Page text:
Amid ongoing tension between Mexico and the United States, Foreign Affairs Secretary Marcelo Ebrard is in Washington today for the 49th Conference on the Americas alongside U.S. Vice-President Mike Pence and other government officials.
Ebrard will give an address on Mexico-United States relations, the new North American trade deal and Mexico’s foreign policy agenda, according to the official schedule for the event.
While the conference – which this year is titled Disruption and Transformation in the Americas – will focus on issues that affect the entire western hemisphere, Mexican and United States officials won’t have a shortage of bilateral matters to discuss should the opportunity arise.
With record numbers of migrants entering Mexico in recent months, most seeking asylum in the United States, migration continues to be a key – and contentious – bilateral issue.
Andrew Selee, president of the Migration Policy Institute in Washington D.C., said the discussion of migration will be a priority for Ebrard during today’s conference.
While there are signs that the number of Central Americans crossing Mexico to the United States will decline this month, migration continues to be a “hot-button issue,” he said.
Trade matters including the outstanding ratification of the United States-Mexico-Canada Agreement (USMCA), recent delays at the border and an ongoing dispute over tomatoes could also be on the agenda in any two-way talks between Mexican and U.S. officials.
The new trade pact was signed by the respective leaders of the three countries last November but must be approved by all three national legislatures before it takes effect.
The lower house of Mexico’s Congress last month approved a landmark labor reform package, legislation that is considered crucial for the ratification of the USMCA in the United States.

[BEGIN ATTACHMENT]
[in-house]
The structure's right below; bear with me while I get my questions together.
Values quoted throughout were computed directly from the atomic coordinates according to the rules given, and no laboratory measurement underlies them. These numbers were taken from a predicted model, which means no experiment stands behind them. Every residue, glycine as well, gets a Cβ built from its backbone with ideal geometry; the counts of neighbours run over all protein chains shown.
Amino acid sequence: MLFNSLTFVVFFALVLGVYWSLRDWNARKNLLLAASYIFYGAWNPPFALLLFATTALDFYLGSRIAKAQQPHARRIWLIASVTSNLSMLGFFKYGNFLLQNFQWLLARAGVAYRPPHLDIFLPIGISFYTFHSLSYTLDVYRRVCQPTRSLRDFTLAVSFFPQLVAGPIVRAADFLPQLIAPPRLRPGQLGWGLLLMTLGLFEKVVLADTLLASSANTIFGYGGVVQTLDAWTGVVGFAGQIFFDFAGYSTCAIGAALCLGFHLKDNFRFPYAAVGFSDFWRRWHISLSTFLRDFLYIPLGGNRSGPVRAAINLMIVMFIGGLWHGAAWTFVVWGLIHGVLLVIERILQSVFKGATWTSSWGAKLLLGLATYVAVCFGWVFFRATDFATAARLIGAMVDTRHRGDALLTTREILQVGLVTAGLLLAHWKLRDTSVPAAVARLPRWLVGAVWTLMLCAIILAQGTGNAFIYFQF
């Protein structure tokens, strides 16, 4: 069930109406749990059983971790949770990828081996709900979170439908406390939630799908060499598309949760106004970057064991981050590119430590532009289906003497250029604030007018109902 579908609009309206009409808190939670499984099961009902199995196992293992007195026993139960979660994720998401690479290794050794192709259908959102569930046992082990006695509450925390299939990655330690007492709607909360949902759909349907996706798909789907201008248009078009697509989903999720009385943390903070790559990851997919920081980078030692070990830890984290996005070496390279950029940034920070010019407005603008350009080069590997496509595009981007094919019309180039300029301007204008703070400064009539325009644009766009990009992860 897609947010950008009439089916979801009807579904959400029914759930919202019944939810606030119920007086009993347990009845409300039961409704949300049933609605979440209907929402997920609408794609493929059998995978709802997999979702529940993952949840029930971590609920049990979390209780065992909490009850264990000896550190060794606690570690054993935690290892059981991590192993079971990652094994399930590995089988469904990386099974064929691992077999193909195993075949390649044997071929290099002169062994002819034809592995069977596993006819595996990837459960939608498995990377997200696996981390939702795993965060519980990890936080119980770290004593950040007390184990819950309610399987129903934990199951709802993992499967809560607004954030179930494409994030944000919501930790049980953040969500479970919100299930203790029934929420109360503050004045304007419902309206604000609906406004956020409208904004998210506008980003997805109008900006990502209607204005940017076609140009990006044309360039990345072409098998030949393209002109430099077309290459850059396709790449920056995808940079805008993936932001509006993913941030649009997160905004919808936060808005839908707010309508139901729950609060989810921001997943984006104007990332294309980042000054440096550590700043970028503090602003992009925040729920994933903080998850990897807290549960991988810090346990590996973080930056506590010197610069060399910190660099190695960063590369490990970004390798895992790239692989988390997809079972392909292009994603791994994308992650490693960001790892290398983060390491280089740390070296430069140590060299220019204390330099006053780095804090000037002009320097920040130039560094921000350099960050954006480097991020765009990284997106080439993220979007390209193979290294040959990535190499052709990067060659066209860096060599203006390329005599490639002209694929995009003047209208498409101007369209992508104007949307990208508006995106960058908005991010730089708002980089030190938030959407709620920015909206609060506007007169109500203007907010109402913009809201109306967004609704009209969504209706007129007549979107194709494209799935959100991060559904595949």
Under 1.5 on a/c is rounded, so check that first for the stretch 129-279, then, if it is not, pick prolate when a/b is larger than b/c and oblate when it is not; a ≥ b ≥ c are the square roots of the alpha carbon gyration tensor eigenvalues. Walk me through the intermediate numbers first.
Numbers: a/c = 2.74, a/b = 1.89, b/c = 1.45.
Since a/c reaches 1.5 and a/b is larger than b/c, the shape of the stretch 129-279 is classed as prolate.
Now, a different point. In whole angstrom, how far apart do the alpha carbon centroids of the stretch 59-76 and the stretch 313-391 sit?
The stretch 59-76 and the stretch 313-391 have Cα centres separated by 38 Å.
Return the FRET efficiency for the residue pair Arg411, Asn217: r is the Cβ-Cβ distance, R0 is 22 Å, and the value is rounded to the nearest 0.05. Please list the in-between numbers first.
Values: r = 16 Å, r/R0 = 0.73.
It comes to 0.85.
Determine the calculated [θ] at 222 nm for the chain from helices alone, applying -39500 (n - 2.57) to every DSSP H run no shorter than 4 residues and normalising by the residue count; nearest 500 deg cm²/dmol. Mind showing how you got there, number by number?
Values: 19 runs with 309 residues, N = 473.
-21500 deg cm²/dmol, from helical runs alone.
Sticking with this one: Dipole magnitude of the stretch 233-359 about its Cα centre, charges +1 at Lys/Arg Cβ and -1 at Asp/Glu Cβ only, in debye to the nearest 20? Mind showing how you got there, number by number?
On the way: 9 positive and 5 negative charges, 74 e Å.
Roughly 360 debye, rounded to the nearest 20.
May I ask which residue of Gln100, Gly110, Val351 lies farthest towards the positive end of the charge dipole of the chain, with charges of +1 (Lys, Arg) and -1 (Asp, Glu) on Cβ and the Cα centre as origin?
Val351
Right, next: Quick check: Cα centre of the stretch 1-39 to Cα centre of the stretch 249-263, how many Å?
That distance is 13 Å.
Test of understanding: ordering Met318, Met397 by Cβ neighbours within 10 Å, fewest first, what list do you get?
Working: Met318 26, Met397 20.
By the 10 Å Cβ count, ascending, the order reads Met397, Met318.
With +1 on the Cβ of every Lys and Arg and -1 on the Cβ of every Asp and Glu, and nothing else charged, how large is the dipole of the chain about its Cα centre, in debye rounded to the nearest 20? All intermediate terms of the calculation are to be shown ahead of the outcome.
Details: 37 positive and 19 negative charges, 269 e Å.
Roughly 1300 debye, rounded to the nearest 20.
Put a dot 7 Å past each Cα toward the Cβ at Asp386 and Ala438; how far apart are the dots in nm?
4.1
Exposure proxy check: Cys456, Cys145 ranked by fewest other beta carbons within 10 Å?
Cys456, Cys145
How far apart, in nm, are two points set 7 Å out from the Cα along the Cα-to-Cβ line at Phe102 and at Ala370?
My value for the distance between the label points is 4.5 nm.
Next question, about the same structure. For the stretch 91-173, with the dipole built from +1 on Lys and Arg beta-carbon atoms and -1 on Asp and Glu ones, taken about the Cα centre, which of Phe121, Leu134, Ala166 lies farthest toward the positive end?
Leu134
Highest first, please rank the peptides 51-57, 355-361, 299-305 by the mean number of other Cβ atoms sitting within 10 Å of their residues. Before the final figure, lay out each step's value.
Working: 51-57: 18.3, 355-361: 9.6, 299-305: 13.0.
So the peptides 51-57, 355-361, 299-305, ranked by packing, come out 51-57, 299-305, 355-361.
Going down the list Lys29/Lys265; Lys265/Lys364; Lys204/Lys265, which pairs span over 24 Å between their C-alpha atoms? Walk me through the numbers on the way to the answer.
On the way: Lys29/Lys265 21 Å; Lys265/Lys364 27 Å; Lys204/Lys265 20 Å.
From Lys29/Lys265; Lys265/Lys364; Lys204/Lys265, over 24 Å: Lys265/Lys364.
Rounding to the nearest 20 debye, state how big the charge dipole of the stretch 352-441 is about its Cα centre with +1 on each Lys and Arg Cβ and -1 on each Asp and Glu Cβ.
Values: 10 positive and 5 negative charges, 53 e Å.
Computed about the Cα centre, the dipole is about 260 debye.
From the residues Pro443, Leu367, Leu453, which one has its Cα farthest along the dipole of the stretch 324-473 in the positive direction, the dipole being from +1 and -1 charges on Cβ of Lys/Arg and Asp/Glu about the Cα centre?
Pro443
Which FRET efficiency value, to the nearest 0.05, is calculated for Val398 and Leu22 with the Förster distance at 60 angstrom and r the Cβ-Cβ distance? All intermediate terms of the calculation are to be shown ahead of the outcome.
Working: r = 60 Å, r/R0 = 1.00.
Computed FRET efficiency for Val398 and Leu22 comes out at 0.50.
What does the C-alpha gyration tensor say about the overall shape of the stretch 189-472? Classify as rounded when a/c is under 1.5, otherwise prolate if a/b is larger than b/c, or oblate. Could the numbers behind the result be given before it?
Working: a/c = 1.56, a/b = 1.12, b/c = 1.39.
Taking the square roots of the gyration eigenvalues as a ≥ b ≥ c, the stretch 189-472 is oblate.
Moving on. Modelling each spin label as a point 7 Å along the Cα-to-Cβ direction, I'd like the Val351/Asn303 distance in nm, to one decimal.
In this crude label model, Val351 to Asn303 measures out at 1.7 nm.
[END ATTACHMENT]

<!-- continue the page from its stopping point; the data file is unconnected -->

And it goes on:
While the labor reform approval represented progress towards ratification of the USMCA, long wait times at the Mexico-United States border caused by the redeployment of U.S. border agents to deal with large numbers of migrants only served to complicate the relationship, and cost Mexican exporters millions of dollars.
Bank of America Merrill Lynch economist Stephen Juneau said in a report Friday that the delays are costing U.S. companies US $5.5 million a month.
Last week, the Mexican government said it was considering retaliatory tariffs for U.S. border slowdowns although foreign trade undersecretary Luz María de la Mora expressed confidence such a move won’t be necessary due to the dialogue Mexico has with Washington.
However, communication between the governments of the two countries was unable to stop the United States from imposing a 17.5% tariff on Mexican tomatoes starting today.
De la Mora said the new duties were the result of a failure to renew a 2013 agreement that suspended a U.S. anti-dumping investigation.
The United States said in February that it intended to withdraw from the Suspension Agreement on Fresh Tomatoes from Mexico after a 90-day notification period, which expires today.
Secretary of Commerce Wilbur Ross said at the time that the withdrawal decision followed complaints from United States tomato producers, including the Florida Tomato Exchange, that they are being undercut by Mexican imports.
Mexico exports around US $2 billion worth of tomatoes to the U.S. annually, according to de la Mora, meaning that the new tariff could cost producers US $350 million.
“. . . It’s expected that a lot of small and medium-sized exporters will be unable to cope with this heavy financial burden,” the Secretariat of Economy (SE) said in a statement.
“We’re very disappointed,” de la Mora said.
“But the good news is that negotiations continue, looking for a solution. And we hope that in the coming weeks we can in fact reach an agreement.”